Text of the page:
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We Are Many: Filmmaker Taghi Amirani talks about his new documentary, 7 years in the making, about the largest protest in history

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As the Fellows program turns five, we catch up with Iranian filmmaker Taghi Amirani – a member of the Fellows inaugural class and the first recipient of the TED Fellows Hero award – to get the scoop on the premiere of Amirani Media’s latest film, We Are Many (see the trailer, above) – a documentary on the February 15, 2003, global demonstration against the invasion of Iraq. In between mainstage sessions at TED2014, he offers his old-timer’s perspective on the latest class of Fellows, the evolution of the Fellowship program, and how the Fellowship dared him to dream big.

You’ve just released a trailer for Amirani Media’s feature documentary We Are Many. You’ve been working on this project for as long as I’ve known you; it must be very satisfying to have finished it!

Absolutely! Seven years in the making, We Are Many has been a labor of love directed by my brother Amir. It tells the story of the largest protest march in history, when up to 30 million people in 800 cities on one single day marched against the invasion of Iraq. Although we didn’t stop the war, the consequences and the legacy of that day — which will be revealed for the first time in the film — will blow you away.

We have a great cast of individuals on and off the screen who have made this film possible, including executive producers Signe Byrge Sorensen (The Act of Killing); Steve Milne of Molinare (The King’s Speech); actor and comedian Omid Djalili (The Infidel) and filmmaker Wael Kabbani.  Music is by Brian Eno and Simon Russell. The cast includes Damon Albarn, Richard Branson, Danny Glover, Hans Blix, Mark Rylance, amongst many others. The film is almost done, and I am excited to say it will have its world premiere soon at a major film festival I can’t yet disclose.

Fellows director Tom Reilly honored you with the first-ever TED Fellows Hero award at TED2013. Did that change things for you?

The TED Fellows Hero award happened to coincide with the beginning work on a new film Coup 53, my first feature documentary. Coup 53 is about Operation Ajax, the CIA-British secret service coup d’etat in Iran in 1953 that overthrew the democratically elected government of Prime Minister Mossadegh and reinstalled the Shah. For a bit of fun with Ben Affleck, we say our movie is a prequel to Argo.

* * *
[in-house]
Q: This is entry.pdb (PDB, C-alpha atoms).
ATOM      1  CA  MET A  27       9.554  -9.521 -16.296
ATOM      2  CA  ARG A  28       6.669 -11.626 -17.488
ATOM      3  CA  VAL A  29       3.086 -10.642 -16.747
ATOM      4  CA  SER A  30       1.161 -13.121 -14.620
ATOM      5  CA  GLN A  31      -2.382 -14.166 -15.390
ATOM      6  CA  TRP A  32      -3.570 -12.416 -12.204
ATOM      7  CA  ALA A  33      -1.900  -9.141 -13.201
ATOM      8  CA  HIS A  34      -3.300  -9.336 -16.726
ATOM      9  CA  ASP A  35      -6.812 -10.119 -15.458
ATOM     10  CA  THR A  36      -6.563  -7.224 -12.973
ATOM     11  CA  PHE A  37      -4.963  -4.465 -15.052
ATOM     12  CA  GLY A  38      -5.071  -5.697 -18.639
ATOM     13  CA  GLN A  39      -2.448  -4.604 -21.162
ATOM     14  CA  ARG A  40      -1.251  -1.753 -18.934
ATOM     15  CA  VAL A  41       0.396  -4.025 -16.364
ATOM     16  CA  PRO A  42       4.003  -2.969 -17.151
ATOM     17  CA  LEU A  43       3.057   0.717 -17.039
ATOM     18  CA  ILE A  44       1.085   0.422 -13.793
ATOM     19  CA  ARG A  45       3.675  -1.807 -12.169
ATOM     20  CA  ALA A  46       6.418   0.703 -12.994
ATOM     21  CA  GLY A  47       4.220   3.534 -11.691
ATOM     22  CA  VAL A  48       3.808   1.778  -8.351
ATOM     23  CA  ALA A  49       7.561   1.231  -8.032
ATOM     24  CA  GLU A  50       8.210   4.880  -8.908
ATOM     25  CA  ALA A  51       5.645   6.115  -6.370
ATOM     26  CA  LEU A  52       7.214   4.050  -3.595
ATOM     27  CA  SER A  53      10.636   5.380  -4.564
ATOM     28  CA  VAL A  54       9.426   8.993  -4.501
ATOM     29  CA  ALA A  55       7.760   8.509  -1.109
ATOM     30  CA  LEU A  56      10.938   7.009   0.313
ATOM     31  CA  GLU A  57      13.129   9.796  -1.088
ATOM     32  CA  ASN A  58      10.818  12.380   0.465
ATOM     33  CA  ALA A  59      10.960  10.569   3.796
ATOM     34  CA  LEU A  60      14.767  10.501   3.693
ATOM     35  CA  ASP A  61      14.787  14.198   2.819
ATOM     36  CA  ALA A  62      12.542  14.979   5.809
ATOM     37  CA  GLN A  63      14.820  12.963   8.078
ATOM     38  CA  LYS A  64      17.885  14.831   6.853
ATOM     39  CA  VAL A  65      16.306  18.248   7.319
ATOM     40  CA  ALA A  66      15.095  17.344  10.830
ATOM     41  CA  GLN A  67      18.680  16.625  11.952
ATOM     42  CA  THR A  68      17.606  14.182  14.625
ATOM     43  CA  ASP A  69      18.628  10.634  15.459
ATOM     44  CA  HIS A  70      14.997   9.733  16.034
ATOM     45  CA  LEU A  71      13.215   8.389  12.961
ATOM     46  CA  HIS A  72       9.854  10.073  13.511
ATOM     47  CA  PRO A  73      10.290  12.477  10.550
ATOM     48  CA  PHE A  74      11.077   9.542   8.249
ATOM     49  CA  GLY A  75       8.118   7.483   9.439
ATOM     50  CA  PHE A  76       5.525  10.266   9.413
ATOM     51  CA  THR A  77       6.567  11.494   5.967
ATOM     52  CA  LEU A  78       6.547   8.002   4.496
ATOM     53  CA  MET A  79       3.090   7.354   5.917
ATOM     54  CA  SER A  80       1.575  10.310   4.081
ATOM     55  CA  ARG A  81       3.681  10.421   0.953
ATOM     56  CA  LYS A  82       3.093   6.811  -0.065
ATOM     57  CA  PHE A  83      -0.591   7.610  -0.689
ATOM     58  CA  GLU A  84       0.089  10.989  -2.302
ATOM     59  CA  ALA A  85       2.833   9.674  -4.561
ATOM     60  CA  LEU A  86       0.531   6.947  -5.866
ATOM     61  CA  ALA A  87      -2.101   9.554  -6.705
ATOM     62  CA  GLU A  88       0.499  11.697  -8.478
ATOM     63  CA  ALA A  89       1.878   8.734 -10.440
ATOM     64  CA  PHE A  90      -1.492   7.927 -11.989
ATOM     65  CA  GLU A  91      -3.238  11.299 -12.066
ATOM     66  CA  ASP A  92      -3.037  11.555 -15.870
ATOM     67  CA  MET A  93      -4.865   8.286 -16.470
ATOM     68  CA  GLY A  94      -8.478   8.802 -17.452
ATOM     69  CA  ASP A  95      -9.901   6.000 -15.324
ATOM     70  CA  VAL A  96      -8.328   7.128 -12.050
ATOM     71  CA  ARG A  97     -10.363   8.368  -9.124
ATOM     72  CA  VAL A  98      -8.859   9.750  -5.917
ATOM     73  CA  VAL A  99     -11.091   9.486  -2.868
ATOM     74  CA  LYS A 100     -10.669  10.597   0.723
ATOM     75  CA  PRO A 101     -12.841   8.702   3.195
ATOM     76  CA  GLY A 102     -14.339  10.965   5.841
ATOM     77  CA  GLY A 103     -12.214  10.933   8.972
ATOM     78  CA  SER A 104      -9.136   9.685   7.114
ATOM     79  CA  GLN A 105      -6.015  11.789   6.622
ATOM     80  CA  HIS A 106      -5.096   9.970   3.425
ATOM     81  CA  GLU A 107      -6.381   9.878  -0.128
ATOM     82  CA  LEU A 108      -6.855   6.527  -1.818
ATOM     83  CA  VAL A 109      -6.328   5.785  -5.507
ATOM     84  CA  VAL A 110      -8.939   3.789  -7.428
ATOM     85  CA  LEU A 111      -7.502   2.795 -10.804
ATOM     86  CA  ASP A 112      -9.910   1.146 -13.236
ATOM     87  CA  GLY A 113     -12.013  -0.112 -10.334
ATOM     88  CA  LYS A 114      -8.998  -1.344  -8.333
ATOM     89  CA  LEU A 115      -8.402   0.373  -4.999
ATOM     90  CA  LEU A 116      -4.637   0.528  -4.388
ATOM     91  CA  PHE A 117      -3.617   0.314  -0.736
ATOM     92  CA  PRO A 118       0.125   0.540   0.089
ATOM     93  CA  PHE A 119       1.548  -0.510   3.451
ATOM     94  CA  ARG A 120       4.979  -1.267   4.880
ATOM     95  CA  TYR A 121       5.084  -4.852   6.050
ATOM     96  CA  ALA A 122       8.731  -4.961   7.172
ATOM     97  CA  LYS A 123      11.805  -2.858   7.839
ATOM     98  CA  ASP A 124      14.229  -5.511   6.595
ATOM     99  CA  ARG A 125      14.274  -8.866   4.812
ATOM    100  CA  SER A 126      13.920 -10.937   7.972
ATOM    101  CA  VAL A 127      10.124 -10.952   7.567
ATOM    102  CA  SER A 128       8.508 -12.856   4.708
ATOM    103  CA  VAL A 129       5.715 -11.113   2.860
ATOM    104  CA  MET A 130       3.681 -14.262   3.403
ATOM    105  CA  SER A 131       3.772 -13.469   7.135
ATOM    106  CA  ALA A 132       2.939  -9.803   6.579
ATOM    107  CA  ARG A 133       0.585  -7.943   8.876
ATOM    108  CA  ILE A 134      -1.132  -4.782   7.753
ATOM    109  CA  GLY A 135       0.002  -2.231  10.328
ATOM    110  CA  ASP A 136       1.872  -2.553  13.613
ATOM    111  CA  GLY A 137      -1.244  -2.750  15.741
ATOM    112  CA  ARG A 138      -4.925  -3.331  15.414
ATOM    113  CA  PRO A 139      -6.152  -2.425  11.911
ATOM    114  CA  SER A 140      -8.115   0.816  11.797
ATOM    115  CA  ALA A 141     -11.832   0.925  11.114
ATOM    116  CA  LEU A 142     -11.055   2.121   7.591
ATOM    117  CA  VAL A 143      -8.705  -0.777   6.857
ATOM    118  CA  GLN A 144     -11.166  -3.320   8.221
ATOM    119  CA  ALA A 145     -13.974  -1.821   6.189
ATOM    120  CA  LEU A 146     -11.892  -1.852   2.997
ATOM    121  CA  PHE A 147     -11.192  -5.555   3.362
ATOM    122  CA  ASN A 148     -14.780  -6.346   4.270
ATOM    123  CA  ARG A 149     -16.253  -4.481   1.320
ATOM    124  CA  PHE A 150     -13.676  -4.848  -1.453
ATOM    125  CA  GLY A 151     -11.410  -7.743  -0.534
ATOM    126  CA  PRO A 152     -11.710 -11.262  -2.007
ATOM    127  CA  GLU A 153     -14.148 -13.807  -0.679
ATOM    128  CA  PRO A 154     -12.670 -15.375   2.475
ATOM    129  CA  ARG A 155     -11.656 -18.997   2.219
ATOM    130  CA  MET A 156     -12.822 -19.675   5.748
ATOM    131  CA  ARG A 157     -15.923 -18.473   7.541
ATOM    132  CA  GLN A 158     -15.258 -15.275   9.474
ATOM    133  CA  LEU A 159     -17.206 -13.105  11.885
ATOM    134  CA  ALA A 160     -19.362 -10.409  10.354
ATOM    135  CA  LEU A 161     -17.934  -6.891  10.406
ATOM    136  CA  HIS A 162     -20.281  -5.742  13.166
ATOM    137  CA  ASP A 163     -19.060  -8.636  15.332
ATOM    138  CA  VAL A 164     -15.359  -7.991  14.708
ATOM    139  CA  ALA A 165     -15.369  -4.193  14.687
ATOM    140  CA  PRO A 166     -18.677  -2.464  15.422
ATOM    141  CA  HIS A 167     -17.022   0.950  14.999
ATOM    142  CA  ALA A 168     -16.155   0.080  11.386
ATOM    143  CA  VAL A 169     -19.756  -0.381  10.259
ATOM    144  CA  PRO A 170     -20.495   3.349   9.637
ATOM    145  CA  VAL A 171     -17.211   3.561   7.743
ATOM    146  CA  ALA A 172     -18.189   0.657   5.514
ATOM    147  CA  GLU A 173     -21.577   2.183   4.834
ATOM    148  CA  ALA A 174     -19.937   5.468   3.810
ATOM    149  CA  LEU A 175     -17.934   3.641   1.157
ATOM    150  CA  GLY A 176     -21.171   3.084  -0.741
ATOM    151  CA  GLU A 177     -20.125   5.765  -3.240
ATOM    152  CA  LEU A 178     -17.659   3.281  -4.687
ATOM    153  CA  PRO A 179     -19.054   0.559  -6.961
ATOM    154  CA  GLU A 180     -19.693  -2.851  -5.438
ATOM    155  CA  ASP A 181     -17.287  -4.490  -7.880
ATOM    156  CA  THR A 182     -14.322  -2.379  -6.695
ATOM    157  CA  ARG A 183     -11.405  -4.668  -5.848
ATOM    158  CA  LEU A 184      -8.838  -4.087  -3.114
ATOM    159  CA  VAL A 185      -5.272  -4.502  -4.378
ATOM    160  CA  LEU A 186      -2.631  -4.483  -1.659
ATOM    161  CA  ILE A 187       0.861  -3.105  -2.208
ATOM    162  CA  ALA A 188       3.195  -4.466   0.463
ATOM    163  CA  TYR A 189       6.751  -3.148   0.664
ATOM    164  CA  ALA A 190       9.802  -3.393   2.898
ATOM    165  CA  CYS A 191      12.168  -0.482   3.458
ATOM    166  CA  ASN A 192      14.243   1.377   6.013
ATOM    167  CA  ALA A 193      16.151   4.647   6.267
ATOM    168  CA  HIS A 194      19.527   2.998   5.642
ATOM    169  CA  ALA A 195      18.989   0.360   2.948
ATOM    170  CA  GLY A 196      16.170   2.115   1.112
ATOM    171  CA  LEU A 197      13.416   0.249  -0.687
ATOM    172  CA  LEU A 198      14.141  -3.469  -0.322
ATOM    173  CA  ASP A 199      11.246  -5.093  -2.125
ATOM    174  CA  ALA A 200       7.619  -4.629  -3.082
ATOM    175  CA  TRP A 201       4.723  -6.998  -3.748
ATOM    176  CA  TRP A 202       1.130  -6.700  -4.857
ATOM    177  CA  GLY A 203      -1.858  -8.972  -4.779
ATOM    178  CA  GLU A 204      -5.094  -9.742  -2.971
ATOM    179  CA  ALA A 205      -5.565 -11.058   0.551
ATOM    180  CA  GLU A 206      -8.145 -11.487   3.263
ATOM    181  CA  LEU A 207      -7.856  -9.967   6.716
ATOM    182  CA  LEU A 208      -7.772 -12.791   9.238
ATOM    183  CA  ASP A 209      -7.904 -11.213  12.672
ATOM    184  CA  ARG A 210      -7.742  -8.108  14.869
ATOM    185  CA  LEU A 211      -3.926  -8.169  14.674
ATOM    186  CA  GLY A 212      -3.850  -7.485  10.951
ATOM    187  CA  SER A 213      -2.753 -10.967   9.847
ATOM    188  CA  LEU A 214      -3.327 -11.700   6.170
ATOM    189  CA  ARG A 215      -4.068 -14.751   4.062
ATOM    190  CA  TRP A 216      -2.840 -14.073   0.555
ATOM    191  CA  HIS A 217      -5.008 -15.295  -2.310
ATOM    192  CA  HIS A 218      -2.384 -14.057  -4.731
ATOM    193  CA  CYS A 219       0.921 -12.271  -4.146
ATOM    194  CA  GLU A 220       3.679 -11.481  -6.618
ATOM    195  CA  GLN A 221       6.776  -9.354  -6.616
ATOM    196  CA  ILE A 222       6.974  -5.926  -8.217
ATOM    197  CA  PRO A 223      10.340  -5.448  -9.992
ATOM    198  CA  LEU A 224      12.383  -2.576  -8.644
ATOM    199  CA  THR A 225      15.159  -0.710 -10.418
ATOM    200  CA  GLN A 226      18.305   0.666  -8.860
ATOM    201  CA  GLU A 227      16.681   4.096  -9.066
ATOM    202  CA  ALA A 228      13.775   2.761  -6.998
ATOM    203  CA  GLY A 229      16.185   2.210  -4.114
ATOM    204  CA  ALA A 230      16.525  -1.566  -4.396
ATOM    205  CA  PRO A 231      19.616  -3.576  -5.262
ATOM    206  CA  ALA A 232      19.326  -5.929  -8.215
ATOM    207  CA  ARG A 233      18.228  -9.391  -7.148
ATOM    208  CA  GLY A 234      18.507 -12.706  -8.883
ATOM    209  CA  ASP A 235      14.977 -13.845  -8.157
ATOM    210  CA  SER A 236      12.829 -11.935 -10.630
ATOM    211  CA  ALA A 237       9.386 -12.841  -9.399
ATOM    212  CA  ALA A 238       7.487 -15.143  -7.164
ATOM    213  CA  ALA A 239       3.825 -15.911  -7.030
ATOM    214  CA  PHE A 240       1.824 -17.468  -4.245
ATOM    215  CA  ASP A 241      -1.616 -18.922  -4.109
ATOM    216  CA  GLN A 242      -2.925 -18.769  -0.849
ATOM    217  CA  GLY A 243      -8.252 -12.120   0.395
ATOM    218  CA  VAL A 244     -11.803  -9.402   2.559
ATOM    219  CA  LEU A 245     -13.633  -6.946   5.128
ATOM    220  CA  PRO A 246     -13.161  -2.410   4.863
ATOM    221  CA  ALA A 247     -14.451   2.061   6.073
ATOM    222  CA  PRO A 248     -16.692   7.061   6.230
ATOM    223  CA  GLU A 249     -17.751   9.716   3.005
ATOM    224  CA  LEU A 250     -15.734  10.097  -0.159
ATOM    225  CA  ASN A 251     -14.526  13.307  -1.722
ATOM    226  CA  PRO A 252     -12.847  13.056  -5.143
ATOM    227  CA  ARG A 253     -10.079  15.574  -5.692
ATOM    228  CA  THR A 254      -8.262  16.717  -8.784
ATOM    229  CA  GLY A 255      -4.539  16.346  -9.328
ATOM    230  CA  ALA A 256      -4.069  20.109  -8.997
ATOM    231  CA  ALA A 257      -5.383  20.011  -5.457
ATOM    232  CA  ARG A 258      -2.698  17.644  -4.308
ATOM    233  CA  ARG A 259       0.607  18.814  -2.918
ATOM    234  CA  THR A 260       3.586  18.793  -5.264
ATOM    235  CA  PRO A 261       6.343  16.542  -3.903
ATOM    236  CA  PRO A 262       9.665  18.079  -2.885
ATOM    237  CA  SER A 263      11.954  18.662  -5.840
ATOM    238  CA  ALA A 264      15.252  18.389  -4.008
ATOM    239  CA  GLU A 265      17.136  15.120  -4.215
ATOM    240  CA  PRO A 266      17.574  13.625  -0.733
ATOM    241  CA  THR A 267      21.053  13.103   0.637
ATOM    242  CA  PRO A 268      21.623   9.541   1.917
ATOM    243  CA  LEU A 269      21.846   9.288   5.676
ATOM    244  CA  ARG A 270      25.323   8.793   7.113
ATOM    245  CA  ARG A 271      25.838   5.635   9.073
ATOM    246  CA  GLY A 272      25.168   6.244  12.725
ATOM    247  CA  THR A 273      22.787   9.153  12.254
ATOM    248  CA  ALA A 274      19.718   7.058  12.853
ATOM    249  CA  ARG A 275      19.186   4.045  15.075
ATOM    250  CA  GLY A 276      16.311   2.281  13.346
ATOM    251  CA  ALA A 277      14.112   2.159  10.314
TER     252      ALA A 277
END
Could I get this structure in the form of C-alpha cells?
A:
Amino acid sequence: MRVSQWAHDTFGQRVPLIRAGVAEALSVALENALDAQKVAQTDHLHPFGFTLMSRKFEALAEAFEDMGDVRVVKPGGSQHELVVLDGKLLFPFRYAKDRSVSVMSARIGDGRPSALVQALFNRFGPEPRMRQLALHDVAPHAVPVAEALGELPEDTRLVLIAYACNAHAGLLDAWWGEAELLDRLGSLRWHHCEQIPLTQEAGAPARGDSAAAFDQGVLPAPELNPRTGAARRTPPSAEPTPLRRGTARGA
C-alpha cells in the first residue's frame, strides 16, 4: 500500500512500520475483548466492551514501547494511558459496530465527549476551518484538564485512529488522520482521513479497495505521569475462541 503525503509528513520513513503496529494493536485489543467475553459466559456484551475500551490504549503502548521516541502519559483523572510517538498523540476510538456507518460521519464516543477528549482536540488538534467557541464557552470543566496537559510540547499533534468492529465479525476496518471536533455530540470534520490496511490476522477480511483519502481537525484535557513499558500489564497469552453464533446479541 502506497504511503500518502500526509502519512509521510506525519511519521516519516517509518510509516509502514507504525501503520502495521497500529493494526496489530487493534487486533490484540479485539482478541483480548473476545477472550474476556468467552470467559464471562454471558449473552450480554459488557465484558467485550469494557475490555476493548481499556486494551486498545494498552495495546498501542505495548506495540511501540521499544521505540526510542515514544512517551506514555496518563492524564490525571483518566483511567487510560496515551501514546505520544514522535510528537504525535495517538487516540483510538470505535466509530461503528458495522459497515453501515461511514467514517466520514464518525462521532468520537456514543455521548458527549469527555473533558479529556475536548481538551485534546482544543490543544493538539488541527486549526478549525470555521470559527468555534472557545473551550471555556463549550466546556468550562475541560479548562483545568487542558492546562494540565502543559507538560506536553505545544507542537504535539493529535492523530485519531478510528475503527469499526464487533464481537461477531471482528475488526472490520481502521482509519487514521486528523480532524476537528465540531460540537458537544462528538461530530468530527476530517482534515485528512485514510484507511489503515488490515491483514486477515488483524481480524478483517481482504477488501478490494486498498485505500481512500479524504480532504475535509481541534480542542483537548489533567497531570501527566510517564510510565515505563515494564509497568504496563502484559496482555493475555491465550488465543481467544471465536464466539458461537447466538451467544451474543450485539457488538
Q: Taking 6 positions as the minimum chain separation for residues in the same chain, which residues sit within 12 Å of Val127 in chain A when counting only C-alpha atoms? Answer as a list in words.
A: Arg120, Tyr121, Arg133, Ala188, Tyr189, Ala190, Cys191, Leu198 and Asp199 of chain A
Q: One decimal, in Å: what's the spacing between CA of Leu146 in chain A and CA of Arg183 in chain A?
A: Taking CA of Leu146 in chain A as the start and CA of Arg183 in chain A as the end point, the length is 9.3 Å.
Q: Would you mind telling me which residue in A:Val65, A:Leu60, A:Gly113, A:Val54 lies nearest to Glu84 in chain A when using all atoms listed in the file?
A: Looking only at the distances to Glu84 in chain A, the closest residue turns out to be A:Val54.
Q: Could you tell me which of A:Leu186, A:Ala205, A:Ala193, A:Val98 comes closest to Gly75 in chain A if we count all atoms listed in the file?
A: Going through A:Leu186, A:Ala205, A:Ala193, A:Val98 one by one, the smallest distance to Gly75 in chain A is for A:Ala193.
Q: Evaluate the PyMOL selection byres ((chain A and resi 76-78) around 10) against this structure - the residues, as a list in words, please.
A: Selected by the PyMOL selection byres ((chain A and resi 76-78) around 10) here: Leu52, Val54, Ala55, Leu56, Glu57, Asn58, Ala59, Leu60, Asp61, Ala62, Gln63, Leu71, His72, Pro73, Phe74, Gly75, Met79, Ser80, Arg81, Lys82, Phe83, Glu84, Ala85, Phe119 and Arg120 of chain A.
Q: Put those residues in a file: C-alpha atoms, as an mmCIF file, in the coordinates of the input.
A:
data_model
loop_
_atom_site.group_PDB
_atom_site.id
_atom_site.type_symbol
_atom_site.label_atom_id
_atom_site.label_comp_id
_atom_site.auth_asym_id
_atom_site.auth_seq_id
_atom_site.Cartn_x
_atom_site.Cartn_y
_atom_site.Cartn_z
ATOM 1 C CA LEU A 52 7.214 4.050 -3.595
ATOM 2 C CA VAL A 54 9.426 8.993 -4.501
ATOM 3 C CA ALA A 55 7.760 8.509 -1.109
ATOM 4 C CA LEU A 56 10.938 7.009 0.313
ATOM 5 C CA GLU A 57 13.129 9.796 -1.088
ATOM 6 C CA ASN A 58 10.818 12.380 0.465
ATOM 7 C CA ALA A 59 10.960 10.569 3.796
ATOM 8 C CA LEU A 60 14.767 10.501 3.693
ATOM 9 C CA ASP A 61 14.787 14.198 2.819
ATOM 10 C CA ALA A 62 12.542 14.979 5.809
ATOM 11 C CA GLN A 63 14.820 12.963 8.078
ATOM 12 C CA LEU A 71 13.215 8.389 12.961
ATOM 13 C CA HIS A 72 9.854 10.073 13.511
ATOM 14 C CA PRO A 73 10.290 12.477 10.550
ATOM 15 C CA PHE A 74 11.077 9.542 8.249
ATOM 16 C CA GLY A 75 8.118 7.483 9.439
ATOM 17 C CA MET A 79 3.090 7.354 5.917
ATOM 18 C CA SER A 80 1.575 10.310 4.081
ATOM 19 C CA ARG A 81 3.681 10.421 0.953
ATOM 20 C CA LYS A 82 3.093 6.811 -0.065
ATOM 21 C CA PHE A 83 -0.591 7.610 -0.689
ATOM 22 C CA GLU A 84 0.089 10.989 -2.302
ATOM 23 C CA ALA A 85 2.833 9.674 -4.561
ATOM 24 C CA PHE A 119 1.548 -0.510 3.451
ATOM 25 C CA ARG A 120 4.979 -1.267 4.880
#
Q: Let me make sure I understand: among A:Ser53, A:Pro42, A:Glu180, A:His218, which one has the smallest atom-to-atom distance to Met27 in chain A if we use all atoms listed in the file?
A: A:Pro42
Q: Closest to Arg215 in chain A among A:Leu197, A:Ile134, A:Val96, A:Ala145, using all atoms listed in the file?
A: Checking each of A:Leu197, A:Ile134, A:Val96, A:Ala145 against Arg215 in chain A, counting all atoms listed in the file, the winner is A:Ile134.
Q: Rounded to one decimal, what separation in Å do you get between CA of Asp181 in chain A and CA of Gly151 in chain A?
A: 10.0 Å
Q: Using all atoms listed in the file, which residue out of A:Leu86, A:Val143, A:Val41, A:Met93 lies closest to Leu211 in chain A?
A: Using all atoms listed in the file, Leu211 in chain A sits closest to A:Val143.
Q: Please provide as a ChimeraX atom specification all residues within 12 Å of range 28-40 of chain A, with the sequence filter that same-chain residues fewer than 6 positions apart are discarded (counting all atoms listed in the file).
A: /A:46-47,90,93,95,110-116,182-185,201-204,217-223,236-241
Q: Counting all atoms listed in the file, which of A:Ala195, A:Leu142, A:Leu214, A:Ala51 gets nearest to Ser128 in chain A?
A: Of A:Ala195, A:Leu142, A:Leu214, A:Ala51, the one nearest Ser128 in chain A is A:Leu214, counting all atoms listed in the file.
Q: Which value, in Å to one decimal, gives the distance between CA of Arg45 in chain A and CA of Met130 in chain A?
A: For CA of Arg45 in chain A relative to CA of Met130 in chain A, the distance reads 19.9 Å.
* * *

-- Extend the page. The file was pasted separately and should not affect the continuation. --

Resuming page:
Getting the award totally fast-tracked the project. I’ve been trying to get this film off the ground from the beginning of my TED Senior Fellowship. But after the TED Fellows Hero award, the dam burst, and the project gathered momentum to the point where a year later we have just signed a development agreement with a company whose leaders I’ve admired for years, and passionate creative collaborators who believe in me and the need for this story to be told well.

There’s no question that the TED Fellowship has made me think bigger. The Iranian coup of 1953  – I grew up with that story. You know how when there’s something that’s very important to you, which means a lot personally, politically and creatively, but because it’s so big, you’re scared of it, and don’t dare take the jump? When I was invited to apply for the Senior Fellowship, I thought, here’s this community that could potentially help make this film a reality. And that’s exactly what’s happened. I’m still scared of it, but in a good way. And if all that was not enough, because of connections made through TED, I got to meet and interview the legendary film editor Walter Murch at Sheffield DocFest 2013.

You’ve been a part of the Fellows program since day one. What changes do you see?

The program has grown in leaps and bounds and is now almost unrecognizable from what it was back in February 2009.  And I think Tom Rielly and his brilliant team have done a magnificent job. They are the real heroes. The Fellows Talks in the first year were in a small room somewhere in the nether regions of the Hilton Long Beach, and it was brilliant in its own charming way.  But now, the production values, the attention it gets, the slot it gets – it’s just amazing. I hear over and over from veteran TEDsters that the Fellows are now one of their favorite parts of TED. And the caliber of the new Fellows every year — this is not false modesty — if we, the first class of Fellows, were running against these guys now, we wouldn’t stand a chance.  Well, I wouldn’t anyway.

What was your career trajectory?

I did physics at Nottingham University, then went to film school at University of Bristol and got my break as a director in 1989 with a film about amateur astronomers that was inspired by the great Carl Sagan and Mr Happer, Burt Lancaster’s character in the wonderful movie Local Hero. Then I went on to set up Amirani Media in 1993 and made some 30 documentaries for broadcast networks such as the BBC, Channel 4, National Geographic and PBS. By the time I applied for the TED Fellowship, I had been making films for 20 years.

So you are an older Fellow.

I think I’m a Senior Fellow on account of age. Not for any brilliance. I’m 53. On paper I shouldn’t even be here. I don’t qualify. Whenever I read Tom’s description of the Fellows program — young trailblazers — I’m thinking, well, I’ve got an old blazer in my wardrobe. That’s as close as I will ever get.